We made it! I am writing this post from the often-forgotten but now oil rich Mozambican province of Cabo Delgado. Tis the most northern one in the country. We packed in a few heavy driving days to get here – complete with roadside camping – and are now blissfully beaching ourselves to recover.
The trip up from Vilankulos was rather mountainous for us – a welcome change from beaches and plains. It began with a thrilling military escort through the opposition party’s territory, where a series of hijackings and threats have made it a dicey passage. The opposition, Renamo, is currently demanding an overhaul of the electoral system and, of course, a cut of oil revenues. It’s a curious form of democracy they are practicing… But, after clearing that strip, trees finally soared above 20 feet, water returned to the soil and the heat became more and more intense. Gone are the days of wearing all my warm clothes to bed. The soil has become delightfully orange, and its contrast against the green forest and picturesque huts reminded me that we really were in Africa.
Anyway. We had a somewhat disastrous trip into the city of Beira that resulted in an early morning eviction by a nasty cleaning lady who hated pups. Thankfully, it led us to a Robinson Crusoe style beach camp just outside town, only accessed by boat, called Rio Savane. We set up in a thatched hut on the beach and Bryce spent days perfecting the art of cooking on coals. Days were spent reading and exploring through muddy mangroves. Evenings we spent inventing new ways of cooking with pasta, tomatoes and onions. Without cell phone signal or electricity, I polished off Snow by Orhan Pamuk (a new favourite book) and Bryce finished Mr. Nice, the biography of Howard Marks (look him up).
From Beira, it was to the Zimbabwe border in order to “refresh” our 6-month visa – an infuriating process involving enormous and painful bribes. From there, we scooted up to the Chimanimani Mountains. 3 years ago, a community owned lodge (Ndzou Camp) opened that specialized in trekking elephants living in the forest. Sounded all right. We followed our guide Jose through the mountains as he pointed at tracks and poo from either hoje or ontem (today or yesterday). We found loads of mud rubbed onto trees from passing elephants on their way for a morning drink. While the elephants were consistently a few literal steps ahead of us, the tracking on foot made it all the more thrilling. Call me a snob but – the driving safari feels disconnected and perhaps tedious relative to this. Jose also happened to be quite the expert on medicinal plants. The campsite at this lodge was so perfect that we stayed on for a few extra days to hike along footpaths connecting huts and crops through the mountains. Oh and a side note – the entire forest smelled of perfume. Such a pleasant place.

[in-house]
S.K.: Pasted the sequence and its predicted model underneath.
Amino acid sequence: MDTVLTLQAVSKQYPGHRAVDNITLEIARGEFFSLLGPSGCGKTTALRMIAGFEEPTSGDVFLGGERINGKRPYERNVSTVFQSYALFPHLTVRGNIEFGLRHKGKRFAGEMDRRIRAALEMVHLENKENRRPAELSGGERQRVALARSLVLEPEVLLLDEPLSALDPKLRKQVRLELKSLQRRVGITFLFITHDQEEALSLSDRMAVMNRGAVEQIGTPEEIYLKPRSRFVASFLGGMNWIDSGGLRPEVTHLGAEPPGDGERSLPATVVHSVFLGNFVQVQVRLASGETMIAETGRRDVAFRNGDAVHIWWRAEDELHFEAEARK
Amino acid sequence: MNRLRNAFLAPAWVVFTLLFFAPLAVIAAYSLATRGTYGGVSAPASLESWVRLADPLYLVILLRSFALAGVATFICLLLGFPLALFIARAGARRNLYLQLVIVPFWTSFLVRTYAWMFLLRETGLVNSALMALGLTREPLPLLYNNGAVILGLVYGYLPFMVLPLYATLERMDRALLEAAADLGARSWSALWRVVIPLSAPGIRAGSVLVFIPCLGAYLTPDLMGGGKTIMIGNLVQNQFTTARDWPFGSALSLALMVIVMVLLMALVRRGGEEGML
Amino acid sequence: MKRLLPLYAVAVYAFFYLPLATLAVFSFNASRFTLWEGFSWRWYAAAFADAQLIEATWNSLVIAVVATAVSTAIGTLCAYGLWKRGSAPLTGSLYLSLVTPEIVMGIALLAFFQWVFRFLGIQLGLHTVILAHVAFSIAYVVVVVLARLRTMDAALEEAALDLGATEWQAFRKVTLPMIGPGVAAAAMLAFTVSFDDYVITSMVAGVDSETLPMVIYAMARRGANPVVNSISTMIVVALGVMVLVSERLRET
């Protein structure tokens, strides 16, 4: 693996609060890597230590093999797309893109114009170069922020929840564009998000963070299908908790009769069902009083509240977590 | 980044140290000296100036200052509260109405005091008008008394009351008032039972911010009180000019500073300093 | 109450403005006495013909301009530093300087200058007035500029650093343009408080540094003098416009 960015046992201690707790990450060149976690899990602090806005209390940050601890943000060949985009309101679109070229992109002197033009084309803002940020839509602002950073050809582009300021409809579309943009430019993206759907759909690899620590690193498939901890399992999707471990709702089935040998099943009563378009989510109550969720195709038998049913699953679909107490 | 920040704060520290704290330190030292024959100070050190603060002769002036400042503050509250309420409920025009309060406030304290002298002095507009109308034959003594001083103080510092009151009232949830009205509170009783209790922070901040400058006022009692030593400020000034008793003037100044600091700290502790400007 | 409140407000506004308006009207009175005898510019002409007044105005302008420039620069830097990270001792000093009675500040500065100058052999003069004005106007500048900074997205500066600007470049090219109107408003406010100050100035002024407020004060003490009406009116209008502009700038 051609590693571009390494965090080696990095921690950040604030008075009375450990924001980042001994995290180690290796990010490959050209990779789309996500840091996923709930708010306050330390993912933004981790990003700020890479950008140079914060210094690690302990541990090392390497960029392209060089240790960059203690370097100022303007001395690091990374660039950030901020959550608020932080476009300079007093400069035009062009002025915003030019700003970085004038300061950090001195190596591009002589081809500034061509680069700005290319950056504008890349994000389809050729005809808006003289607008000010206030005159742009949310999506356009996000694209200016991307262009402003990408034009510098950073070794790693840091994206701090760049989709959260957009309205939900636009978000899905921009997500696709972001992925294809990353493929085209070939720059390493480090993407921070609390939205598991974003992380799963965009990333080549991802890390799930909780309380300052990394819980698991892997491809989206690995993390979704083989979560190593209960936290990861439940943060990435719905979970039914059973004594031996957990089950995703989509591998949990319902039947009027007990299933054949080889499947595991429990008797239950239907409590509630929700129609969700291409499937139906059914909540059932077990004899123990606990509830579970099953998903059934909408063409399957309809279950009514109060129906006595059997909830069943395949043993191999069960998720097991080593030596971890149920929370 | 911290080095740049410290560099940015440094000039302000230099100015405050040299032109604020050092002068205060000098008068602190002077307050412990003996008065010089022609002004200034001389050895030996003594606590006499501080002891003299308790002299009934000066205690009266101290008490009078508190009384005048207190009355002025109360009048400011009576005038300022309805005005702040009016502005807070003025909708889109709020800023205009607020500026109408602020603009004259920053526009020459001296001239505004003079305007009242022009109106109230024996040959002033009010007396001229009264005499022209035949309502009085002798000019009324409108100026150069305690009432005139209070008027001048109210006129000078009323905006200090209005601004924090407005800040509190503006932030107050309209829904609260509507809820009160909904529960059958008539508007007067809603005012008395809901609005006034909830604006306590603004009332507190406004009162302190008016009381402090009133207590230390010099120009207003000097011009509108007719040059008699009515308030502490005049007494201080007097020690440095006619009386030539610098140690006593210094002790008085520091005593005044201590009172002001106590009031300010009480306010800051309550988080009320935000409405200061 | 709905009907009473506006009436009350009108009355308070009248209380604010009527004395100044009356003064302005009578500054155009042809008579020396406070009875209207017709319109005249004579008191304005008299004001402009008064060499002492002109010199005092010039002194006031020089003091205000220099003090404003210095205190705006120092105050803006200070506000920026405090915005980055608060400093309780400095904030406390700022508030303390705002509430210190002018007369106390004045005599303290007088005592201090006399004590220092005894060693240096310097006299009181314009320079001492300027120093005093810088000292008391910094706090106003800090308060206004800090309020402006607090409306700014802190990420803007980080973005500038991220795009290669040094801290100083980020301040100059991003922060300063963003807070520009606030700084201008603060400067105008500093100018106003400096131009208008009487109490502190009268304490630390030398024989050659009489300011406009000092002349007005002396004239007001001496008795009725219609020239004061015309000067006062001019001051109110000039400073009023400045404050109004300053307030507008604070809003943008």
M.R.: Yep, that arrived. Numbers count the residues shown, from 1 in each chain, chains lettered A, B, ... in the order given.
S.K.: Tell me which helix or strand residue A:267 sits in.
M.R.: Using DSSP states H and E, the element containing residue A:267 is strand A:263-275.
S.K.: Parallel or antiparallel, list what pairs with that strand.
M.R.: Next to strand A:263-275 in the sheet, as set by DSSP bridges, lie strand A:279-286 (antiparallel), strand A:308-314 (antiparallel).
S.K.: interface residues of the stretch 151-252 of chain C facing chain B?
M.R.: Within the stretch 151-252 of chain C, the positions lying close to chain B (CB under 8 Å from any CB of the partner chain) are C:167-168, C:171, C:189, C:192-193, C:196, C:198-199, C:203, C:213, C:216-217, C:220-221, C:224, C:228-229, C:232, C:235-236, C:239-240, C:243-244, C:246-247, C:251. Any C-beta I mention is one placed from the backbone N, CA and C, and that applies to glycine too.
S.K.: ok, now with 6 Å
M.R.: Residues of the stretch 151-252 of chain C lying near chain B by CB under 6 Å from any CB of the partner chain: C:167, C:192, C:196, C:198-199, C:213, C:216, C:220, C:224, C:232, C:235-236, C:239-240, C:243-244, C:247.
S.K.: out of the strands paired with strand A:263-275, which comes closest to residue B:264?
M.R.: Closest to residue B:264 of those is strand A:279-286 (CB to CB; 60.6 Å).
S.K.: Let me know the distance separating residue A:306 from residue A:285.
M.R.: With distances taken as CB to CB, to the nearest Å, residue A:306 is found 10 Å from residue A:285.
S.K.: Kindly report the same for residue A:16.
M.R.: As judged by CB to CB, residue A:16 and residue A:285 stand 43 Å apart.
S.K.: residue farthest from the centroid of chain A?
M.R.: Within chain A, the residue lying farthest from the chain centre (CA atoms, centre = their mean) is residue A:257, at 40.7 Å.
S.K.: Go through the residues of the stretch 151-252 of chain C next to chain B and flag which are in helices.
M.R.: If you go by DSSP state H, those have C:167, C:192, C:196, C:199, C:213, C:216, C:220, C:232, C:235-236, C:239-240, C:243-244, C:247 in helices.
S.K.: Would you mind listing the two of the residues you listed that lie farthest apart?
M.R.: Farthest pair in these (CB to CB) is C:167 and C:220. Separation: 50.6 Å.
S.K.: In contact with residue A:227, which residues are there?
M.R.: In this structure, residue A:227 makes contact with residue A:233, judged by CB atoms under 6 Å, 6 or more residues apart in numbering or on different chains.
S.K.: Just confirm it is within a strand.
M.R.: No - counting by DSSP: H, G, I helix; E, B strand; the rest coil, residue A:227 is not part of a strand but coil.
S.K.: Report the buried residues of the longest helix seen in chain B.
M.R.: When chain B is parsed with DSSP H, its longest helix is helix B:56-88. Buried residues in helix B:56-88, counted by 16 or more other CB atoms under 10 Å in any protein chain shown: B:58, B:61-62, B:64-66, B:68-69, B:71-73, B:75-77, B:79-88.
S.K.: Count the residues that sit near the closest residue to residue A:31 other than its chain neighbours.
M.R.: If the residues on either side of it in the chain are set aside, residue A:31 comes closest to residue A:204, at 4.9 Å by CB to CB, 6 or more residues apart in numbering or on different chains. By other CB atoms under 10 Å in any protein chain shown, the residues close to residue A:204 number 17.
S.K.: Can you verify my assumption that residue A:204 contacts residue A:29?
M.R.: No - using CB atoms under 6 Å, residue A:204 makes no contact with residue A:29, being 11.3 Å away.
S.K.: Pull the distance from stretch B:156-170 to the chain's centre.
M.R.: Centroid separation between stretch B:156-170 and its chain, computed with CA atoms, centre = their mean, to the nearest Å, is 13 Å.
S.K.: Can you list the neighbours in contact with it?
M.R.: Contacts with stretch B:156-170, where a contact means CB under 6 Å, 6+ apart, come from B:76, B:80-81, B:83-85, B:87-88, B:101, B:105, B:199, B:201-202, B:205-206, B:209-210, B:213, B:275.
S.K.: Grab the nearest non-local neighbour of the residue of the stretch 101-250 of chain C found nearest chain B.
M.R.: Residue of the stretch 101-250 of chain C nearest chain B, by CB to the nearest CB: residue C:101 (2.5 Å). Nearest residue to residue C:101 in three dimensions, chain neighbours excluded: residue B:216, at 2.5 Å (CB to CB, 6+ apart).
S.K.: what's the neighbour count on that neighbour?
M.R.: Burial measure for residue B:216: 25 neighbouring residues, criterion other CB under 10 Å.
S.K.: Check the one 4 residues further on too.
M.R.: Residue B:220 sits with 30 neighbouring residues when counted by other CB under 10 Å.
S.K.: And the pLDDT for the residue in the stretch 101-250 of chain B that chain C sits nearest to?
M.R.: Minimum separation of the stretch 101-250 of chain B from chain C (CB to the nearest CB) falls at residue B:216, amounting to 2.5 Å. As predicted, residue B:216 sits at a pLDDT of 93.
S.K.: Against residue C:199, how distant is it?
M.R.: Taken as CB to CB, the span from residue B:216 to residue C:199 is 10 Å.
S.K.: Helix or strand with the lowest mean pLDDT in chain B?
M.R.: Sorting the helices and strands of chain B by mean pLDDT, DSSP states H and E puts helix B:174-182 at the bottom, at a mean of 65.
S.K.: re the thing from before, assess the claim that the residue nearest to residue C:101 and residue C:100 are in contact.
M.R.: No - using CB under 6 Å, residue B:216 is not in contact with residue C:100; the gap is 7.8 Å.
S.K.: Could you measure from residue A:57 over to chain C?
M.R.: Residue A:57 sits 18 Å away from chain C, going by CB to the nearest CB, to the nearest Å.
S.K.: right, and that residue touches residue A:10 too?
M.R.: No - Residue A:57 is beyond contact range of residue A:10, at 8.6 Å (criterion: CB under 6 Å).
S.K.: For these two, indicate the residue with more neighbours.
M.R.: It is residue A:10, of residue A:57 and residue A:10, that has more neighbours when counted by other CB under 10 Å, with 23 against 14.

We left the Chimanimani Mountains for Monta Gorongosa, a single mountain towering over Gorongosa National Park. This park is undergoing a tremendous restoration in recent years with the help of an American supporter, in hopes of restoring it to its 1960’s celebrity infested glory. The recent threats from the opposition party have led to slight glitches in this project but, will hopefully not derail it entirely. While the pup kept us from actually getting into the park, the mountain itself was spectacular. We climbed up along streams and massive trees to reach a plateau with a handful of scramble-friendly peaks and great views. Josa skillfully navigated us back down a rather tricky path – she has proven to have a real talent and eagerness for the return trip.
They have a small basic campsite conveniently perched on top of a waterfall with a series of little infinity pools. I gather from the sign in book that few people spend the night at this campsite, let alone three. We spent the next day lazing around in the sun and swimming at the top of the falls. My pictures seem to have hardly done this place justice, as this was by far our best camping location yet. Community members coming by to observe us filled the late afternoons. Tourists are always a curious folk to rural people – to say nothing of tourists who bring a friendly pup with them.
Anyway. From Gorongosa it was heavy and fairly uneventful driving days. Mozambique in total is roughly 5000km long and, at an average speed of 60km/hour, it takes a while. Every highway, particularly the Nampula – Pemba one, seems to be under construction by different Asian companies. That road work inevitably leaves you stuck behind transport trucks wondering how they’ve disappeared into a cloud of red dust. I cannot wait for the rain.